U.S. District Court Judge Andrew Hanen granted a preliminary injunction to block the implementation of President Obama’s executive actions on immigration – specifically the DAPA program and his expansion of DACA - until he decides on their legality.  Constitutional scholars are going to be writing about this for the near future (I recommend reading Josh Blackman’s comments here and our Cato brief here) and the appeals will come quickly.  In the midst of this lively debate, the political and policy consequences of Judge Hanen’s ruling should not be ignored. 

The political consequences could be immediate.  Speaker Boehner could use this moment of GOP “victory” to pass a clean DHS funding bill as he hides behind the preliminary injunction.  It could tone down the intensity of the political debate on Capitol Hill now that the courts will decide DACA/DAPA’s future.  The GOP does not have the votes to force the Democrats to accept defunding either of those programs.  This preliminary injunction allows Speaker Boehner to stop the DACA/DAPA defund fight while claiming some victory and avoiding the defeat he seems to be preparing for.  Now he can leave it to the courts with some confidence, more than he is likely to be feeling right in the DHS defunding fight, that they will rule in the GOP’s favor in a few weeks.  Regardless, this provides an opportunity for Boehner to skip the bruising DHS funding fight without suffering a political rout.

Pausing Immigration Will Not Boost Assimilation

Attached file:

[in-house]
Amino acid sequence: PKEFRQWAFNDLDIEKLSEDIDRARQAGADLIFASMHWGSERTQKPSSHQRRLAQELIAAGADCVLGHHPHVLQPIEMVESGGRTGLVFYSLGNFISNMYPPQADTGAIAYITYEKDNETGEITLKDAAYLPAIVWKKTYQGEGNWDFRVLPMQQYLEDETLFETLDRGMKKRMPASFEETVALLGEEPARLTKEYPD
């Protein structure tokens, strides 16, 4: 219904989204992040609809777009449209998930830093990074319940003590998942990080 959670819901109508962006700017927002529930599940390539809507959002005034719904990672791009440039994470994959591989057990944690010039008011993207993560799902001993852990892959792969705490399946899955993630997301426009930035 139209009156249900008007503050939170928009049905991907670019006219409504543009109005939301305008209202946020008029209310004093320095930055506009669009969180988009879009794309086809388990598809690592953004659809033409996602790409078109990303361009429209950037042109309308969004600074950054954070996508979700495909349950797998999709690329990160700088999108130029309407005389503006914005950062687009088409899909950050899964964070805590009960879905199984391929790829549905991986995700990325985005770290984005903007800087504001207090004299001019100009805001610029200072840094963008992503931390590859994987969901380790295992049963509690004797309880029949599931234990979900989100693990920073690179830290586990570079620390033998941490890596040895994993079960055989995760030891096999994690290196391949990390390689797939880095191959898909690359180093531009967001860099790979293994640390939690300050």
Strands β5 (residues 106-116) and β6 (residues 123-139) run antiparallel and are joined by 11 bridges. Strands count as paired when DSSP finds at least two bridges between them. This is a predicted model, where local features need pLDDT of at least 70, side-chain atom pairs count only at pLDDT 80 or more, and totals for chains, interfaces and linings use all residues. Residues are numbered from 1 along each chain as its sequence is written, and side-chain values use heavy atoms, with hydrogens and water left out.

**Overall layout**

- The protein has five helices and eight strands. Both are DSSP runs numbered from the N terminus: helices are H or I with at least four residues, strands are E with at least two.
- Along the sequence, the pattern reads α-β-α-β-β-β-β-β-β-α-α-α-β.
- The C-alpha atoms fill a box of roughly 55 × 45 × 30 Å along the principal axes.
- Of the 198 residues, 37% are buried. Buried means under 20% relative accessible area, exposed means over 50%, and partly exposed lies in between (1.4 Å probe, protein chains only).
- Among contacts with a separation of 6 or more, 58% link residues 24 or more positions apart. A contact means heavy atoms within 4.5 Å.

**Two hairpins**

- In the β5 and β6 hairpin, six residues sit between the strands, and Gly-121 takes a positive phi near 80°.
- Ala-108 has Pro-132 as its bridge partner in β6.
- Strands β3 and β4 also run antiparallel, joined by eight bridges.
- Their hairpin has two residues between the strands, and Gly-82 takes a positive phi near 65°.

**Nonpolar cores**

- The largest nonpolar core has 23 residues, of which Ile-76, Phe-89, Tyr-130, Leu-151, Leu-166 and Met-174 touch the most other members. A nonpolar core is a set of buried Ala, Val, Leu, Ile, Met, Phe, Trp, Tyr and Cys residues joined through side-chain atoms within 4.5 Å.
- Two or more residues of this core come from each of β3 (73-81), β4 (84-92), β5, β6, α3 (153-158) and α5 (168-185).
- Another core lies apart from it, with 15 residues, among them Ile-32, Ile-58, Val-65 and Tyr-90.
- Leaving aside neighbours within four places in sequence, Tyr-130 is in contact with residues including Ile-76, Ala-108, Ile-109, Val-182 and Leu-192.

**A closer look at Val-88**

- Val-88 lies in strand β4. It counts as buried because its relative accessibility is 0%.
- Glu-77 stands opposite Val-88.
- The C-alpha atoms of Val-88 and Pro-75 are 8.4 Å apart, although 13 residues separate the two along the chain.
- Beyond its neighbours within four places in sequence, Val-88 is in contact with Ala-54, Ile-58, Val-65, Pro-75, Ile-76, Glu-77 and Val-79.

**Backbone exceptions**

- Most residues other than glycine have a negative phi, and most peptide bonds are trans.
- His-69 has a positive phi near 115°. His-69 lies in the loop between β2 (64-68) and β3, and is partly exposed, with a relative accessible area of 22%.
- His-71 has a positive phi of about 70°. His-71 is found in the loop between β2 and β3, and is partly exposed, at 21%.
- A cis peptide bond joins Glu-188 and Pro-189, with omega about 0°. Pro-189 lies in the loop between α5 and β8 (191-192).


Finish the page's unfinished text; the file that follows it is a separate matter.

One of the more interesting arguments in favor of further restricting lower-skilled immigration comes from the prolific pen of Reihan Salam.  His piece is worth reading in its entirety, especially his emphasis on the importance of the melting-pot metaphor, a far better approach to the ideal of assimilation than the salad bowl or other concepts.  Salam understates the amount of “togetherness” Americans feel and the degree to which immigrants and their descendants rapidly adopt American identity, as well as exaggerating the benefits of such togetherness.  But my disagreement lies elsewhere.

The big take away from Salam’s piece is that a constant flow of lower-skilled immigrants into the United States slows the economic and cultural assimilation of that immigrant group.  As a result, further restricting low-skilled immigration would aid in the assimilation of current immigrants who are settled here.  As he wrote, “the melting and fusing of different ethnic groups is essential to building a more cohesive and human society, and that slowing down immigration would help this process along.”

His conclusion rests on two points. 

The Failure of the Americanization Movement

Introduction